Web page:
SAN FRANCISCO--Legendary game developer Sid Meier took to the stage at thewith a simple message to those who want to create the next best-selling title. The secret of making a great game, Meier said, is to get inside the player's head.
Psychology was never something Meier studied prior to getting into gaming. But as he explained to a crowd of developers at his keynote speech Friday, such a big part of game design ends up trying to figure out how the player will react to the things developers put in their games. Yet, as Meier explained, gamers are often a fickle beast. When good things happen in a game world, they often consider it their own doing, or accomplishment. But when something bad happens, they're quick to blame it on the developer.
The most obvious examples of this are in real-time strategy games, like Meier's own Civilization series. Meier said that players often overlook the logic within a game world in place of how they feel it should play out in fairness.
In his example, it was game testers of 2008 title Civilization Revolution who did not understand that they might lose a battle where they had the enemy outnumbered. Meier and the other developers had to build in a system that would remember past battles, so that the player was more likely to win a second battle after losing the first. This was to keep a player from experiencing too much disappointment or frustration.
The larger solution to user frustration, Meier said, is to add difficulty levels, something he admitted being wrong about just a few years ago. "In the past I said four difficulties were perfect...I was wrong about that. We need nine." Meier did this in his hit game Civilization 4, which celebrates its five-year anniversary later this year. As Meier explained it, offering more paths for a player to go through will plant a seed in their mind of "what if," as in "what if I try this battle or part of the story again. Will it be different?"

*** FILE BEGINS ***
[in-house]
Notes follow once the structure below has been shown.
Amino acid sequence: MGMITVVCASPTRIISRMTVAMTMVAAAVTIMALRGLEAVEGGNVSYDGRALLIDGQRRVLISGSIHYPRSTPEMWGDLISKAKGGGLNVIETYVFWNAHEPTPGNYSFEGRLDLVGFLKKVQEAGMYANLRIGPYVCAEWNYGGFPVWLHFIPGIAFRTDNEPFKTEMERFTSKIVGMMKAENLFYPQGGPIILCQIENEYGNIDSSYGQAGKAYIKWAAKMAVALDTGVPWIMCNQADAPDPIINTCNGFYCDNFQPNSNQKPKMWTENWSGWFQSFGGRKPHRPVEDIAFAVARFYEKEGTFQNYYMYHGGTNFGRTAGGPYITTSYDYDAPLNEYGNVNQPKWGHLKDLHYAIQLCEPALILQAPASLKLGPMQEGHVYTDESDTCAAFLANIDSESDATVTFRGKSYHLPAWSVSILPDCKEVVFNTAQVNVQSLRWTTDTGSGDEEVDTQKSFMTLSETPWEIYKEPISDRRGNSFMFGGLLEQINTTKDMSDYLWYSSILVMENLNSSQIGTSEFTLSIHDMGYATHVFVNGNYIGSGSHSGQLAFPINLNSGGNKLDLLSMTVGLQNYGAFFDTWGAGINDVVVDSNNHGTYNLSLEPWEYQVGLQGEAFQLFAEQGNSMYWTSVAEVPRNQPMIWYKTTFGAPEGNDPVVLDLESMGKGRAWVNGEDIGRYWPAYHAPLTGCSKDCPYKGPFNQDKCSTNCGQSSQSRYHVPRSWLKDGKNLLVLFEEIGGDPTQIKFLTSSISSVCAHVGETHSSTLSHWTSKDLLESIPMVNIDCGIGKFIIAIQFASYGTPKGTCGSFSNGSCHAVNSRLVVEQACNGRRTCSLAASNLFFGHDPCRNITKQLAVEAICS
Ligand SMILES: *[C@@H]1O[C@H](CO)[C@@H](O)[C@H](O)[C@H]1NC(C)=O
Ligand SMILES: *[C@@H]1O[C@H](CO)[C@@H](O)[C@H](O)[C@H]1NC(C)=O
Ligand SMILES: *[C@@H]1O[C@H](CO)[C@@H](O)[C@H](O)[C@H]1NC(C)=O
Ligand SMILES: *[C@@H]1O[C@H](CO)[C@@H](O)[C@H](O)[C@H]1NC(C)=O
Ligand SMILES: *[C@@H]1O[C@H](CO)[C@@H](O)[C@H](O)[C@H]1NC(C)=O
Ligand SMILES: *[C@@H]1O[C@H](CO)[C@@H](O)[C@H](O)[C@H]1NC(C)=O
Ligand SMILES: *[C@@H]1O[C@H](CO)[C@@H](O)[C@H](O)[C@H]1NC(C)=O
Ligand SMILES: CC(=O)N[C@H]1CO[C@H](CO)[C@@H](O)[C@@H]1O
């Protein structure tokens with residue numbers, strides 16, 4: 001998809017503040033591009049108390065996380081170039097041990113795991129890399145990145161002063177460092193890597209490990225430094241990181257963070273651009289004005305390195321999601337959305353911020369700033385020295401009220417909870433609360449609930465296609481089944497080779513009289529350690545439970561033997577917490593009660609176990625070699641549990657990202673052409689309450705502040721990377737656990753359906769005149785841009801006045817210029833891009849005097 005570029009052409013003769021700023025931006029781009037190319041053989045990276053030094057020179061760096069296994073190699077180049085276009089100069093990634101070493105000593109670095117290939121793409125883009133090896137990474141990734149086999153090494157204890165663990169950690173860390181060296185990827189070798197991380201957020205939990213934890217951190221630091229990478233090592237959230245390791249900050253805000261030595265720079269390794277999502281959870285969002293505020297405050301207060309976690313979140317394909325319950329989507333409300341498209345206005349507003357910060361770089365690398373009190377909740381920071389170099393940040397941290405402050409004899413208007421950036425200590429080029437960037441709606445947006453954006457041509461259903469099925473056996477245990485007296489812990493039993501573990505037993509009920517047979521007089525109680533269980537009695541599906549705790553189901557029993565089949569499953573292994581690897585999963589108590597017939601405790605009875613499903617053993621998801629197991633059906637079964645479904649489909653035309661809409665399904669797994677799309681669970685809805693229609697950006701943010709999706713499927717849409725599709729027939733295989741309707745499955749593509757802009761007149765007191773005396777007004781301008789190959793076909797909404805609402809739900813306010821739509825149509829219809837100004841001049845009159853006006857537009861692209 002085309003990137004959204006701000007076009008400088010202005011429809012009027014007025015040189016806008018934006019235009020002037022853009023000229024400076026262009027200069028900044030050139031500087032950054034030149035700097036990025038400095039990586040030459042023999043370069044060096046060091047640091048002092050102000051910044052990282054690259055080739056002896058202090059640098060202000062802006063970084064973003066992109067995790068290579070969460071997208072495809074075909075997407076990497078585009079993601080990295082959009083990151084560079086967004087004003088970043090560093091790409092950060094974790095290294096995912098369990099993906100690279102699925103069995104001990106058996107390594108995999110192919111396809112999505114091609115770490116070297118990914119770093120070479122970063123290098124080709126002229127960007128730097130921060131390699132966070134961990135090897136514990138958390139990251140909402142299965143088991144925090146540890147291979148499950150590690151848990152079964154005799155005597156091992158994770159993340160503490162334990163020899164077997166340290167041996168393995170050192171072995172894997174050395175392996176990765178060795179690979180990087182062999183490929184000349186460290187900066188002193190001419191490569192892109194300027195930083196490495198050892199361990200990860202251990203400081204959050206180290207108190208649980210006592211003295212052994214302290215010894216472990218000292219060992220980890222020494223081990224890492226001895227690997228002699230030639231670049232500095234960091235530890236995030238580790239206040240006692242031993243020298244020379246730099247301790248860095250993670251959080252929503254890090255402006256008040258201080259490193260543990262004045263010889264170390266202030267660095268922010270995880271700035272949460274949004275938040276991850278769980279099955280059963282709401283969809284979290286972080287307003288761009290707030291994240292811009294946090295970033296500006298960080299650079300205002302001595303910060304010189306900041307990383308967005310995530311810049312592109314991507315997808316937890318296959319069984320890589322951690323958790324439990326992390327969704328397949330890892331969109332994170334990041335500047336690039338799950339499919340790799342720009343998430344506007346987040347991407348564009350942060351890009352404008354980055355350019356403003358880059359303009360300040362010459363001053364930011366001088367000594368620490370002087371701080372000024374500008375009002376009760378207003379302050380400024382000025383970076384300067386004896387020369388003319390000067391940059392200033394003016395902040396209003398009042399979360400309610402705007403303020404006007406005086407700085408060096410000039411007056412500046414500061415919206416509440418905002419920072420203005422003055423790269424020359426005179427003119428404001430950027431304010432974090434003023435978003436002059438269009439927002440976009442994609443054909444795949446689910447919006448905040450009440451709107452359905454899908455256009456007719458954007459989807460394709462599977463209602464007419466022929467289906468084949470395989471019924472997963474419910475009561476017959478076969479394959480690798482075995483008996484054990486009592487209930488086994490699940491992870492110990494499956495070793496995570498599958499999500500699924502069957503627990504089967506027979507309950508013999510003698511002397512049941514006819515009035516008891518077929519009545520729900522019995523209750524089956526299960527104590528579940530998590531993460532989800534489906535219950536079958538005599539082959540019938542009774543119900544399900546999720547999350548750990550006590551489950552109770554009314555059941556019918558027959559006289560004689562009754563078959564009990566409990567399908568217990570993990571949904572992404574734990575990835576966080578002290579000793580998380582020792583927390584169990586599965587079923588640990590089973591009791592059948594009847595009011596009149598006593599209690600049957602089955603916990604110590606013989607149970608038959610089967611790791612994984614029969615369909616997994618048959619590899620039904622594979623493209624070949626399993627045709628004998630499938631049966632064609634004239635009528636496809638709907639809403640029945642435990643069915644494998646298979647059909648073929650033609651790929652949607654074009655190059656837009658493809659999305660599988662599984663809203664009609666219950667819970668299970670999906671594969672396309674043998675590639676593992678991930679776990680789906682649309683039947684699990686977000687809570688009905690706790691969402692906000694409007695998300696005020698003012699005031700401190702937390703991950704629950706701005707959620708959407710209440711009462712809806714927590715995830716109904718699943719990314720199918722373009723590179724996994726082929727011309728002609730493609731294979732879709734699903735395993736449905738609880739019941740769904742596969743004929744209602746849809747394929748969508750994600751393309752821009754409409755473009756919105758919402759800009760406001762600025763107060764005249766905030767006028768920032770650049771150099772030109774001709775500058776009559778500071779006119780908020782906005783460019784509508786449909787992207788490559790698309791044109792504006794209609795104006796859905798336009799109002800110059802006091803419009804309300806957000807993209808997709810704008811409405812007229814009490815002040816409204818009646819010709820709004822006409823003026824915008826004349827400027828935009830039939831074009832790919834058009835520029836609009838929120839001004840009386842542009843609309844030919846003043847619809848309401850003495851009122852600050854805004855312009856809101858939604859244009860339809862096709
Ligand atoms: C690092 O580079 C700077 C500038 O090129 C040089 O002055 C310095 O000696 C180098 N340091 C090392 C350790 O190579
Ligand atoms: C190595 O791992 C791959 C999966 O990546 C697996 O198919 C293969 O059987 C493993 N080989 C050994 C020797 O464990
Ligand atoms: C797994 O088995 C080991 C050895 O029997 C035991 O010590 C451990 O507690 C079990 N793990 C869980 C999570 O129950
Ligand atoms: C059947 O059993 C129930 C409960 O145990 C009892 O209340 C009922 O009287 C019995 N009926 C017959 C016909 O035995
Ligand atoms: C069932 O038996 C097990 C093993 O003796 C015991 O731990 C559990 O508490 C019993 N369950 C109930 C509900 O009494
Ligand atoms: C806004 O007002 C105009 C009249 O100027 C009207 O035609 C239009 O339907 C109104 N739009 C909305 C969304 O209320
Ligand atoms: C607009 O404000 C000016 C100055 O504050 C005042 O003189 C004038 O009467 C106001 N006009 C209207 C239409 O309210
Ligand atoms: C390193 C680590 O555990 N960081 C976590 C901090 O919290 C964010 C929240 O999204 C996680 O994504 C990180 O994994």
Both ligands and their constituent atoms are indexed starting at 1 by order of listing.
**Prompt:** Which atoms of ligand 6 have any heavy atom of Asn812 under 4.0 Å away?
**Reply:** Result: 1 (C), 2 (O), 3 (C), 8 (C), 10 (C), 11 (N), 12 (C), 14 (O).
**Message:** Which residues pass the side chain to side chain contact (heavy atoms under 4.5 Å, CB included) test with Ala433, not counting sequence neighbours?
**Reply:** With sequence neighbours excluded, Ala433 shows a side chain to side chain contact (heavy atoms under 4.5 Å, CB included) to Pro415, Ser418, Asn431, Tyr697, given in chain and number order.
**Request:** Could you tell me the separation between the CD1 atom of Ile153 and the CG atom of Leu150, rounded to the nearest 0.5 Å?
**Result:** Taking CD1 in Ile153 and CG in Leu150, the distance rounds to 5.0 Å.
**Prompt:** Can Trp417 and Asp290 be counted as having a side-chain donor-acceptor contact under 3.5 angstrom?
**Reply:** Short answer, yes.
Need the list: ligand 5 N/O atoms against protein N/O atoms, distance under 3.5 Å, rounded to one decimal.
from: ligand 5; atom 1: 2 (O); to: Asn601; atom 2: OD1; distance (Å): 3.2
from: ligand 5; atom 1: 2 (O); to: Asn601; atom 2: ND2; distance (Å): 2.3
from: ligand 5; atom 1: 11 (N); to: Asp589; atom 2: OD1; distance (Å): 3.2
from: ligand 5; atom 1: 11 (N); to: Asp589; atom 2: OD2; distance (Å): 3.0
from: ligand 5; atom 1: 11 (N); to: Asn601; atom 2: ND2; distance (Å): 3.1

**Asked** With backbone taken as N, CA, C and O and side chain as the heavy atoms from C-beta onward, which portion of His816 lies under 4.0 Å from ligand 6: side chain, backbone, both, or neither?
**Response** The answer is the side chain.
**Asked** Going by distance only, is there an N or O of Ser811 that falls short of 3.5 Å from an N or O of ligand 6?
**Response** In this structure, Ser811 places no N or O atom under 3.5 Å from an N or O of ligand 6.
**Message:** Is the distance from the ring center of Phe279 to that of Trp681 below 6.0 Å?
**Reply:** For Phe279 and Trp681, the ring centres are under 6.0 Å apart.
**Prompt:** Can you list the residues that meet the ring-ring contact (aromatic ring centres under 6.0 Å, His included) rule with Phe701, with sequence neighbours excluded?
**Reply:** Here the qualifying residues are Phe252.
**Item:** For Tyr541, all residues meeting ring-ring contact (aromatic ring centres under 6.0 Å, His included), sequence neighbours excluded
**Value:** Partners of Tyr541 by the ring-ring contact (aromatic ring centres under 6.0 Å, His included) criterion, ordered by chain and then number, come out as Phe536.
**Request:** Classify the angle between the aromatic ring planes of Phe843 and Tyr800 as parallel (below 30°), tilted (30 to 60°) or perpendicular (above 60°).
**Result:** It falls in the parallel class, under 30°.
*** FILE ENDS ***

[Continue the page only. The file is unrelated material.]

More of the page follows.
Meier urged developers not to spend too much time on these different paths though, at least if they're trying to save money and time. "No matter how good the graphics are, and how good your technology is, the player can always imagine something more compelling and more dynamic. Often we don't have to show everything that's happening in the game." Part of that, Meier said, is to tap into knowledge people are already bound to know from outside of a game. "This worked with Pirates," Meier said about his 2004 game title. "If [a player] sees a swordsman with a curly mustache, they probably know it's a villain they have to fight. So we don't need a whole lot of background on how he got there, or what his childhood was like."
But what about creating new experiences for things players have never seen before? Meier's answer to that was simple, in something he calls the "unholy alliance," an unspoken agreement players and developers make with every game they play. "I'm going to pretend certain things exist, and so are you to make this a better experience," he said. Followed shortly by, "this is an idea I should have trademarked."